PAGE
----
#352: Unfolding the wings of acceptance by James Feb. 14 21

Unfolding the wings of acceptance

We often talk about mindfulness and leave out compassion. In today’s talk I will talk about acceptance and how mindfulness and compassion work together.

We create suffering when we are caught in the trance of life. We often don’t clearly recognize or feel, what is happening inside of us. Our view of who we are, becomes our narrative. This results in our heart becomes hardened and our view of who we are becomes narrow. We turn sharply against ourselves. We thus cause pain.

We begin to become free when we let go of our stories of what is wrong with us. Acceptance from the heart and mind is the essence of the spiritual life.

So, what is acceptance? —— Genuine Acceptance?

Genuine acceptance is seeing clearly, by touching and holding our experiences with compassion, and mindfulness.

In Buddhism, mindfulness is being with what is, moment by moment, seeing it as it is.

Mindfulness is unconditional and open. Even if we wish the pain to go away. We cannot honestly accept an experience, unless we see clearly what we are accepting. It’s seeing and feeling the tingling in our body, the stress, the anxiety and recognizing all there is, without trying to manage the experience.

Compassion on the other hand is genuine acceptance. Compassion is the capacity to relate in a tender and sympathetic way to what we perceive. Instead of being or restricting pain. We embrace the pain with kindness, like a mother, holding a child.

Compassion honors our experience and allows us to be intimate to life as it unfolds. Its honoring acceptance and compassion. Its inseparable and essential in liberating us from the trance. The very nature of our awareness is to know what is happening. The nature of our heart is to care.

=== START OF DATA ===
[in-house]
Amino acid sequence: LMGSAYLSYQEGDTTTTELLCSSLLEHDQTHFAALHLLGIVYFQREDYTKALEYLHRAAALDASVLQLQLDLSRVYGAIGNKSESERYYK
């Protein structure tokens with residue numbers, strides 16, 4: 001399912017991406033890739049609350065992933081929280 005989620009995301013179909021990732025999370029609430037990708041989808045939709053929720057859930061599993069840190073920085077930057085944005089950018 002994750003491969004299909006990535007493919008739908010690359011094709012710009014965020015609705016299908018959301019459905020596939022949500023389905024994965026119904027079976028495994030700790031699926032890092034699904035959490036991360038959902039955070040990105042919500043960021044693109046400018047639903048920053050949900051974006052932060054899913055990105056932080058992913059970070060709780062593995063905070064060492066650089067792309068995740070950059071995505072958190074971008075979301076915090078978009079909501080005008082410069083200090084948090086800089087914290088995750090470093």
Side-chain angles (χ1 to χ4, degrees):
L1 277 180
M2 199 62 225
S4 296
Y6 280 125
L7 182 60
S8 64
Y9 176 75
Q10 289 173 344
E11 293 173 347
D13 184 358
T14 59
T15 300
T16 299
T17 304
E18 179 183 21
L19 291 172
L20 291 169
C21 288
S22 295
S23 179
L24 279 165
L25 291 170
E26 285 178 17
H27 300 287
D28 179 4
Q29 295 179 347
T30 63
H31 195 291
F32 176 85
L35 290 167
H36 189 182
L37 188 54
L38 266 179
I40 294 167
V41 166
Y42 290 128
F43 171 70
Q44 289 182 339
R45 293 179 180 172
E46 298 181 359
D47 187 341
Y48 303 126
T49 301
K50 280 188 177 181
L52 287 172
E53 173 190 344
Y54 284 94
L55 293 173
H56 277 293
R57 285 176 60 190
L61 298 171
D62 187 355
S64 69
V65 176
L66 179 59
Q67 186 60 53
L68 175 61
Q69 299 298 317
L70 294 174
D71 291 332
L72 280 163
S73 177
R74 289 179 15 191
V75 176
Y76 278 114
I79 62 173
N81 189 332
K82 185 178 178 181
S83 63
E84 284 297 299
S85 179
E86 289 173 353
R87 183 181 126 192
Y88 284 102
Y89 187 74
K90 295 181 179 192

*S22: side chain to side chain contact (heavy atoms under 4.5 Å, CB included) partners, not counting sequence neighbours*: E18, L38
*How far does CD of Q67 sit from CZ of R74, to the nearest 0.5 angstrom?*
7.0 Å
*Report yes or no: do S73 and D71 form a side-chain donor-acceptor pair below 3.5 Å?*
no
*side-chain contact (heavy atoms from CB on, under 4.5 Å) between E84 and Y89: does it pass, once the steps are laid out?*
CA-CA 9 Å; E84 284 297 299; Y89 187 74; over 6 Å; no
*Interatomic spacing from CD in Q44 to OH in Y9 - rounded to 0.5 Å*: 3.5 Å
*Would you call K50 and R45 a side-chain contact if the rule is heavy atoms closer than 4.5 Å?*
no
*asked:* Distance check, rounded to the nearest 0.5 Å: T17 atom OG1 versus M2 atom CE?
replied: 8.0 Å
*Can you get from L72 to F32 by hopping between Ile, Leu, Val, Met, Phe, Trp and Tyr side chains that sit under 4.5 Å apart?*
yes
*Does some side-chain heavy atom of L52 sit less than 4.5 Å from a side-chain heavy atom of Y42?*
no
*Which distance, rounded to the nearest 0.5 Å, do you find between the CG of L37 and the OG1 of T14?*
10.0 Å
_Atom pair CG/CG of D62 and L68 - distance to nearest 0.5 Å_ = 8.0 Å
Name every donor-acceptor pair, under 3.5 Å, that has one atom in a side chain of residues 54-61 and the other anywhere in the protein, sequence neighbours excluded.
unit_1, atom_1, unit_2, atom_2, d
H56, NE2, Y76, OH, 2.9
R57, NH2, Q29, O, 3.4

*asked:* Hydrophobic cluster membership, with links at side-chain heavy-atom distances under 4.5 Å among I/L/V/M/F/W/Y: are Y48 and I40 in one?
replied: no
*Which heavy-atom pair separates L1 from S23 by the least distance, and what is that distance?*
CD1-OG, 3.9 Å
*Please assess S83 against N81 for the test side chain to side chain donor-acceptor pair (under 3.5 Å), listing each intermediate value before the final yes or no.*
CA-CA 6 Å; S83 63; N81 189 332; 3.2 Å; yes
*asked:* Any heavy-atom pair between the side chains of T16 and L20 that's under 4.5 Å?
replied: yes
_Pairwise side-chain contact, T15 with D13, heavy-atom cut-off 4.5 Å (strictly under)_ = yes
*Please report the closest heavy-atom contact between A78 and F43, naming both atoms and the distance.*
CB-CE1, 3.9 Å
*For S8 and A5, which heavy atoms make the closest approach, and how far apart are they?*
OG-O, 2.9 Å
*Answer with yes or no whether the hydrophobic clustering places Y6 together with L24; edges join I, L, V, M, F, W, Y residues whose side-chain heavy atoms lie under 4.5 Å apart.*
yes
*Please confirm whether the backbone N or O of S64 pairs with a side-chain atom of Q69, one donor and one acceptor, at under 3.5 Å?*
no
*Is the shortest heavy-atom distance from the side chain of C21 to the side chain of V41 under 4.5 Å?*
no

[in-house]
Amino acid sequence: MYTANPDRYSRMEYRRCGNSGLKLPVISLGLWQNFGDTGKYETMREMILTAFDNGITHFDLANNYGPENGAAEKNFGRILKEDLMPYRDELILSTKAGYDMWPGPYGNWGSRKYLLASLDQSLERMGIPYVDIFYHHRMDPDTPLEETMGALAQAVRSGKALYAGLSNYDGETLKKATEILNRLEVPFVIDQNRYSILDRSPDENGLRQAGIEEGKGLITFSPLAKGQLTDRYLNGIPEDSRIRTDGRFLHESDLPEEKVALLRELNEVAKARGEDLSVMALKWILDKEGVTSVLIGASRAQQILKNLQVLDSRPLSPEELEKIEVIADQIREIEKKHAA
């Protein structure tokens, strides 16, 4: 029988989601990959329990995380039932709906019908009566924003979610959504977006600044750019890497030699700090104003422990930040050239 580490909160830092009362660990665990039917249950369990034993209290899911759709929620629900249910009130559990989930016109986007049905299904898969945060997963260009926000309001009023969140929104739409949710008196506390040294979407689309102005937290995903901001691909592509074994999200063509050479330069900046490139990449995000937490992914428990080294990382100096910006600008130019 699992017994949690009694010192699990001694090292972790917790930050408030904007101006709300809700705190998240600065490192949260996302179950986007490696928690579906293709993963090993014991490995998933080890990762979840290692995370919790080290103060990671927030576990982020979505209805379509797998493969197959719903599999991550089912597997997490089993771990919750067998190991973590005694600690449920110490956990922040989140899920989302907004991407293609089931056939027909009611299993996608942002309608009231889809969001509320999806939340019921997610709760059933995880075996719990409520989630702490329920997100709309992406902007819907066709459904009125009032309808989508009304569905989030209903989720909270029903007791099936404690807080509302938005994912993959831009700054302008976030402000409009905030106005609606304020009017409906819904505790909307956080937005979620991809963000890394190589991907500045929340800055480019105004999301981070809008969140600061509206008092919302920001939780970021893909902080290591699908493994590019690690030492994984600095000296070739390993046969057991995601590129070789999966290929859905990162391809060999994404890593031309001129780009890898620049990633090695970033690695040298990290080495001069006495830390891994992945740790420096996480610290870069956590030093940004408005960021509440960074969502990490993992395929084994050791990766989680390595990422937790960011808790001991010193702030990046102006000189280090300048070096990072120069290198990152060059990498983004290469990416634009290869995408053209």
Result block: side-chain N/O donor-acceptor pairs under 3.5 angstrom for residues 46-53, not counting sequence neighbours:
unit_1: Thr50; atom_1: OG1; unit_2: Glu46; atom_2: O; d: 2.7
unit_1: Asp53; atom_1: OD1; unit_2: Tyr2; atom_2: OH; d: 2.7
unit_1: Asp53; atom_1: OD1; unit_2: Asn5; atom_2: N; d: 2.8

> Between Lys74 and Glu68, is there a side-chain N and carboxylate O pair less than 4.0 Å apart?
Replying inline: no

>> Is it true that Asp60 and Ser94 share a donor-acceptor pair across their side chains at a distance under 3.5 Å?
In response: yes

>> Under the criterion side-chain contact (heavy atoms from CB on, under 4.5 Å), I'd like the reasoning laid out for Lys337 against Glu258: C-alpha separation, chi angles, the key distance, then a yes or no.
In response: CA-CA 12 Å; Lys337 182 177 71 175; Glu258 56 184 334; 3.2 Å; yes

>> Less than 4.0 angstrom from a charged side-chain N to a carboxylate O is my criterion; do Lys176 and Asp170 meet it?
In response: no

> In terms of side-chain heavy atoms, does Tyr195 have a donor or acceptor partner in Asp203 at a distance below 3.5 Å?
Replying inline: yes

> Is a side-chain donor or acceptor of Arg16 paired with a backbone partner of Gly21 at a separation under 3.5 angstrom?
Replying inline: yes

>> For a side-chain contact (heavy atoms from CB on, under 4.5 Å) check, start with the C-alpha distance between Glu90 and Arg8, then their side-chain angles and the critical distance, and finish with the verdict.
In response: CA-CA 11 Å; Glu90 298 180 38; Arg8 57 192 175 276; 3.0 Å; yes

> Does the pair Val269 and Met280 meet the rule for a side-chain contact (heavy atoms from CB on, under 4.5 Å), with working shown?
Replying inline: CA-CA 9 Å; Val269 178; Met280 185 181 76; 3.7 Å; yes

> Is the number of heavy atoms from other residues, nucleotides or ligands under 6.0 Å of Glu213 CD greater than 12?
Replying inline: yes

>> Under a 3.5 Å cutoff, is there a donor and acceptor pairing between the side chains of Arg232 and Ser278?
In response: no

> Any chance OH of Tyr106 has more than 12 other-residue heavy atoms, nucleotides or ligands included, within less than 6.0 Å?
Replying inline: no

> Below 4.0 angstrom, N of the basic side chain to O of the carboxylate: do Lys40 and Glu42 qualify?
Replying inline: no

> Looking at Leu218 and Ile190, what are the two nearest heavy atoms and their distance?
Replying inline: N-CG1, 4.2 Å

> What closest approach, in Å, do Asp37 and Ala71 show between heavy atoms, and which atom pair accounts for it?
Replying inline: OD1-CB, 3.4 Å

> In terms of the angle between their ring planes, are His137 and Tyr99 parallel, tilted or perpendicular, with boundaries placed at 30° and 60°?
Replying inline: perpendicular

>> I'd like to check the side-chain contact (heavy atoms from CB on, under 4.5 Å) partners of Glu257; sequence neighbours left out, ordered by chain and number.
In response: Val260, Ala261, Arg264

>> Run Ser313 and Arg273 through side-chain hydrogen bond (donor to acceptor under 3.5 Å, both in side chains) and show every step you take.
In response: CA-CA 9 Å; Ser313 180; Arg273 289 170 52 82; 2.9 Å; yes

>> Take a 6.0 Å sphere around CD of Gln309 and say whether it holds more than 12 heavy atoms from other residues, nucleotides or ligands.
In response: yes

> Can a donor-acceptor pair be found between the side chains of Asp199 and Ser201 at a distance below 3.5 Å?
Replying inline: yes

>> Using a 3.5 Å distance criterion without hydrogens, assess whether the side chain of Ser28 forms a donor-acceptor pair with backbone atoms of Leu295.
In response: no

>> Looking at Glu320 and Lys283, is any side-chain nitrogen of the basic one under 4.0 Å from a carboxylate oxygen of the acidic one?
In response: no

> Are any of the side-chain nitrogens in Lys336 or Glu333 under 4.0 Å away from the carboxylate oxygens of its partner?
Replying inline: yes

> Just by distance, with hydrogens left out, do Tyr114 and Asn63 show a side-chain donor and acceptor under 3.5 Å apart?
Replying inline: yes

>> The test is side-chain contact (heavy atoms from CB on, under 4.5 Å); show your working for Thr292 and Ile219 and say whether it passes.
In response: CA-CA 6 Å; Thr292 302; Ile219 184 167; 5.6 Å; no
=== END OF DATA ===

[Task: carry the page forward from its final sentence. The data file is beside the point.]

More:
Genuine acceptance helps us heal and move on, free from the unconscious habits of self.

The prerequisite to true freedom is to decide that you do not want to suffer anymore, period.

One must decide that you want to enjoy your life, that there’s no reason for stress, inner pain, or fear. We fear that we are not good enough and that we will fail. As a result, we experience insecurity anxiety and self-consciousness. We create pain.

We are either feeling it or we are protecting ourselves from feeling it. When Buddha said that all of life is suffering. This is what he was referring to.

People don’t realize how much they are suffering, like a fish in water, because they have not experienced what it is not to suffer. Compassion helps us cultivate our capacity to hold with kindness, painful or intense experiences that are arising within us.

In summary, we look at compassion, and mindfulness, like the two wings of a great bird. They are interdependent so they can allow the bird to fly. This is when we begin to touch with our hearts what is happening with clear and kind attention. This is where compassion and mindfulness join to create acceptance.

Thanks, James